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According to a recent study, seniors who use computers and participate in social activities have reduced risk of developing age-related declines in memory and thinking. The results show the importance of keeping the mind active as we age, said study author Janina Krell-Roesch. While this study only shows association, not cause and effect, as people age, they may want to consider participating in activities like these because they may keep a mind healthier, longer. Apart from that, you might also want to soak up some sun as vitamin D deficiency majorly hampers cognitive skills.
For the study, researchers followed 1,929 people, age 70 and older, who were part of the larger Mayo Clinic Study of Aging in Rochester, Minn. The participants had normal memory and thinking abilities at recruitment to the study. They were then followed for an average of four years until they developed mild cognitive impairment or remained impairment-free. The study found that people who used a computer once per week or more were 42 percent less likely to develop memory and thinking problems than those who did not. A total of 193 out of 1,077 people (17.9 percent) in the computer use group developed mild cognitive impairment, compared to 263 out of 852 (30.9 percent) people in the group that did not report computer use. Here's why staying active in old age is a blessing.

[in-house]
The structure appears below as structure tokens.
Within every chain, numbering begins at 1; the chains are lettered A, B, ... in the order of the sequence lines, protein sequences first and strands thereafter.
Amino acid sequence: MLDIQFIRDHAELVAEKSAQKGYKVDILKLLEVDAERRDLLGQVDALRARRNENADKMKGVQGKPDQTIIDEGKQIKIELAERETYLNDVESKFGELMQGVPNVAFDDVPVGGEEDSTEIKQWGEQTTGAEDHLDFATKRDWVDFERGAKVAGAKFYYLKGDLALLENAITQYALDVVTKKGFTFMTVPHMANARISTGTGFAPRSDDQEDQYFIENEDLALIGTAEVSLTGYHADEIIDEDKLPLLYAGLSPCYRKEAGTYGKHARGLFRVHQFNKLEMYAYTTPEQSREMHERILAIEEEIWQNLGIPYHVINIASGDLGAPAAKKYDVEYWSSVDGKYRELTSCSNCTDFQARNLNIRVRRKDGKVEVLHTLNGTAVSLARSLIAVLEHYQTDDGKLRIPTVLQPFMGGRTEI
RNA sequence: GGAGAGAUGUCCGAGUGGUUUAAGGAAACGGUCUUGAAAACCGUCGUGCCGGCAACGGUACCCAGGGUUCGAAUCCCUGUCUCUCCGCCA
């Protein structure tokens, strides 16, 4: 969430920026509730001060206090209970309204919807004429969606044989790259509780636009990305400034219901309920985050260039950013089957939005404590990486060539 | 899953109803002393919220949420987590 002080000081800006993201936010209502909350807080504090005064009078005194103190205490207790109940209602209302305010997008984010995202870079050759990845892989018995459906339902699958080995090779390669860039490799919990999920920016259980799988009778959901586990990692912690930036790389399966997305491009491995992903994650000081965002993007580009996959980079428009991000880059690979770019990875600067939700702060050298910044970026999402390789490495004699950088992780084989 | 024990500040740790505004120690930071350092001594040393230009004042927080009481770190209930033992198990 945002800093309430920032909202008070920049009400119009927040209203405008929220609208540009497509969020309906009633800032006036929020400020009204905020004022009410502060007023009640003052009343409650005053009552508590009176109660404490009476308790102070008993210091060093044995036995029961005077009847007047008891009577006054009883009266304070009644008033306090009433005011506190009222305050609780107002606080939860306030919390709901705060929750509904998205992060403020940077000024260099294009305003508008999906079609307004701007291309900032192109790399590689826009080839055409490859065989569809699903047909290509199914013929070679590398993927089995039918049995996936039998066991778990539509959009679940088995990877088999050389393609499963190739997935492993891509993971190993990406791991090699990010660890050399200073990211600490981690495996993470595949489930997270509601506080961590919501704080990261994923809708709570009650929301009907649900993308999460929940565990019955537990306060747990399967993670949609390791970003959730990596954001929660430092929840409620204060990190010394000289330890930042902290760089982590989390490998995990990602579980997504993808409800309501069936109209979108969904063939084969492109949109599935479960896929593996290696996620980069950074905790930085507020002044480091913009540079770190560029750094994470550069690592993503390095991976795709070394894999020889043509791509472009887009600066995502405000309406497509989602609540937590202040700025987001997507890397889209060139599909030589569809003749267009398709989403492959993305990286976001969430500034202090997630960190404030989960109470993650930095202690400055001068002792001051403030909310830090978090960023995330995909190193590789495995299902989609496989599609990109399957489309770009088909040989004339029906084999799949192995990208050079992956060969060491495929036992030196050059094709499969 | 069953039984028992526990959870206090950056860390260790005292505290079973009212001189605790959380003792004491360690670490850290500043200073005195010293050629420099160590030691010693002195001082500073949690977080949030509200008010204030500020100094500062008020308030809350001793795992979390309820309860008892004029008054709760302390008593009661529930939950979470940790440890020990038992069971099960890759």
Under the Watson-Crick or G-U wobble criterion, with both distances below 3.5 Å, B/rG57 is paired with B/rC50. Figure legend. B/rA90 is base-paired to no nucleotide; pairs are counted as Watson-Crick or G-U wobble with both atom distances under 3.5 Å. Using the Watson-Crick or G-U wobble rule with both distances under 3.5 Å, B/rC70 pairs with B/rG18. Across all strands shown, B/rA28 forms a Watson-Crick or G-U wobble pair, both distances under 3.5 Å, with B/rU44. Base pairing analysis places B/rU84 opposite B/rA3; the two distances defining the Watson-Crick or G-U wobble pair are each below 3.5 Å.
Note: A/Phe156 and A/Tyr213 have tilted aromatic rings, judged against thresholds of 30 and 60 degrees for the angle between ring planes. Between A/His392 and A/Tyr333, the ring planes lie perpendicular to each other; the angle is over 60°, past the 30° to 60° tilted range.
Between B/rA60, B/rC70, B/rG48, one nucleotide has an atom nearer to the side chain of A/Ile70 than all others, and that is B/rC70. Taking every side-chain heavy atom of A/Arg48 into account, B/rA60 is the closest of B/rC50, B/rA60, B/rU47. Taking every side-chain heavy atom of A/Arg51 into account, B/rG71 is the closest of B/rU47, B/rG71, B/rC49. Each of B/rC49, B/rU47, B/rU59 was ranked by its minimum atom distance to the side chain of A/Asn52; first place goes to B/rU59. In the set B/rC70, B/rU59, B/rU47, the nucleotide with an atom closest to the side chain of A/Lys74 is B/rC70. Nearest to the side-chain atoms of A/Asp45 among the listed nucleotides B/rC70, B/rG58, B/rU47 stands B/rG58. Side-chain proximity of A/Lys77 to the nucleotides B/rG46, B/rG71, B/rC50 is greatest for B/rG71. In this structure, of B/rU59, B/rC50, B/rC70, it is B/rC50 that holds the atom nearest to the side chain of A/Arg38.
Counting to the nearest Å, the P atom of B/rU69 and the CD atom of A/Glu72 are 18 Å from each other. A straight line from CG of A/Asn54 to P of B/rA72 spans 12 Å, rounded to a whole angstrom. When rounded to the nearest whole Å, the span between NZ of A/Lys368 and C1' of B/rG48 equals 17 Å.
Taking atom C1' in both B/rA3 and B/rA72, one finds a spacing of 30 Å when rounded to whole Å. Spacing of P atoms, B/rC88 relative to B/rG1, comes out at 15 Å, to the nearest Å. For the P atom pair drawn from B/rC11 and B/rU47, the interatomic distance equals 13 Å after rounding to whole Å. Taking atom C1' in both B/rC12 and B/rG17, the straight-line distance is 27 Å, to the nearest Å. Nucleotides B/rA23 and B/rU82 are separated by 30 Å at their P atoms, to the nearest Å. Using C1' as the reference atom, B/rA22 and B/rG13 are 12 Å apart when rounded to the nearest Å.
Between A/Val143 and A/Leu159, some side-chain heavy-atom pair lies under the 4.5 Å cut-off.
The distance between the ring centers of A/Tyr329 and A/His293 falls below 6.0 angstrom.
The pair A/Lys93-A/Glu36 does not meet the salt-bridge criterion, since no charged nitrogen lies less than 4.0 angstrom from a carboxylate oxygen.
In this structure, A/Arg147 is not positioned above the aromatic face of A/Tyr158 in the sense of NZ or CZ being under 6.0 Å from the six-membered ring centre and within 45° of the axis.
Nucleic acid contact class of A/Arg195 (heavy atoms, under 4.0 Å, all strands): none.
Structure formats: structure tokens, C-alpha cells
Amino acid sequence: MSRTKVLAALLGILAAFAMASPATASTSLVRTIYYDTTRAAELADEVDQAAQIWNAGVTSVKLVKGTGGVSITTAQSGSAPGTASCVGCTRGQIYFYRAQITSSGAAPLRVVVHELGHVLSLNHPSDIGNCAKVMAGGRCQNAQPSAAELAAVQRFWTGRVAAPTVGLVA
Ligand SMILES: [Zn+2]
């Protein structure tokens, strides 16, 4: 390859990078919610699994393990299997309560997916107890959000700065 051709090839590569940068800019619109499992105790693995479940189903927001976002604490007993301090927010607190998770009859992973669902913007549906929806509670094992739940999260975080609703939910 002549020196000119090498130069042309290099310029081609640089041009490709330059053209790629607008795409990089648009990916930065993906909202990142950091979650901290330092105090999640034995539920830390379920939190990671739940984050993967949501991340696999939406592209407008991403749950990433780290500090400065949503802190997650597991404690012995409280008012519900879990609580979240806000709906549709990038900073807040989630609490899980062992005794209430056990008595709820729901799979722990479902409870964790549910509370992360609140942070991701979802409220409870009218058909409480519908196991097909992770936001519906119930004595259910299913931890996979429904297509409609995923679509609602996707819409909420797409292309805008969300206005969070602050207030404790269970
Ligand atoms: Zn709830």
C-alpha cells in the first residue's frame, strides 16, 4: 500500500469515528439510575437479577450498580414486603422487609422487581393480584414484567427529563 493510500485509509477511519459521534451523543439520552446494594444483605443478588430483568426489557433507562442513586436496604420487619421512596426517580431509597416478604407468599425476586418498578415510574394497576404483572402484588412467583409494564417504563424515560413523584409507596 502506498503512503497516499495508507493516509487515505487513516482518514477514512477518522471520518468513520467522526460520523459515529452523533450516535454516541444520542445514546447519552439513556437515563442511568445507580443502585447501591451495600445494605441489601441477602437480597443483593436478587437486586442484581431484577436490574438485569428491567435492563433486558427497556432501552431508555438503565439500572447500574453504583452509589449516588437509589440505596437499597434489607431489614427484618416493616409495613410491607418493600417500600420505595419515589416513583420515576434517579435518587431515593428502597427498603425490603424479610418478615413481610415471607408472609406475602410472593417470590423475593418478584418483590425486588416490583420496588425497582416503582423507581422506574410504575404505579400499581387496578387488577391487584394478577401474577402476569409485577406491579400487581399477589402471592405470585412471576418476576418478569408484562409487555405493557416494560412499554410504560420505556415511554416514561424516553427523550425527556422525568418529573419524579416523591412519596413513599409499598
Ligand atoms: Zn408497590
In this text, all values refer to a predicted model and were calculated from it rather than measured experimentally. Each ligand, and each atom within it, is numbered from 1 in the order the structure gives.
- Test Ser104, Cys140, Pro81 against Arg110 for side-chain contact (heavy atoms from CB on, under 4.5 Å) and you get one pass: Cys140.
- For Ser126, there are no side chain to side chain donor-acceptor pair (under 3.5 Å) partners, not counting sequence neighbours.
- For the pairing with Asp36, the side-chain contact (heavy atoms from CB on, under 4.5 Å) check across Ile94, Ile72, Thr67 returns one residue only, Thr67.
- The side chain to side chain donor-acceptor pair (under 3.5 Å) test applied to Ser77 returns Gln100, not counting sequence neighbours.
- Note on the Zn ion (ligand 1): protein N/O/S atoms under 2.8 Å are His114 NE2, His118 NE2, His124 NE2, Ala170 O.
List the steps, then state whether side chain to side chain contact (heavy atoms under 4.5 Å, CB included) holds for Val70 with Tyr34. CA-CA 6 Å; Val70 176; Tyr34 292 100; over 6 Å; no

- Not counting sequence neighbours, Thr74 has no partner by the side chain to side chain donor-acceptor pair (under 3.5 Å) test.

People who engaged in social activities were 23 percent less likely to develop memory problems than those who did not engage in social activities. A total of 154 out of 767 (20.1 percent) people in the social activities group developed problems, compared to 302 out of 1,162 (26.0 percent) people who did not participate in social activities. People who reported reading magazines were 30 percent less likely to develop memory problems. Those who engaged in craft activities such as knitting were 16 percent less likely to develop memory problems. Similarly, those who played games were 14 percent less likely to develop memory problems. Do you walk slow? You could be at a risk of Alzheimer's.
The study will be presented at the American Academy of Neurology's 68th Annual Meeting in Vancouver, Canada.
Image source: Shutterstock
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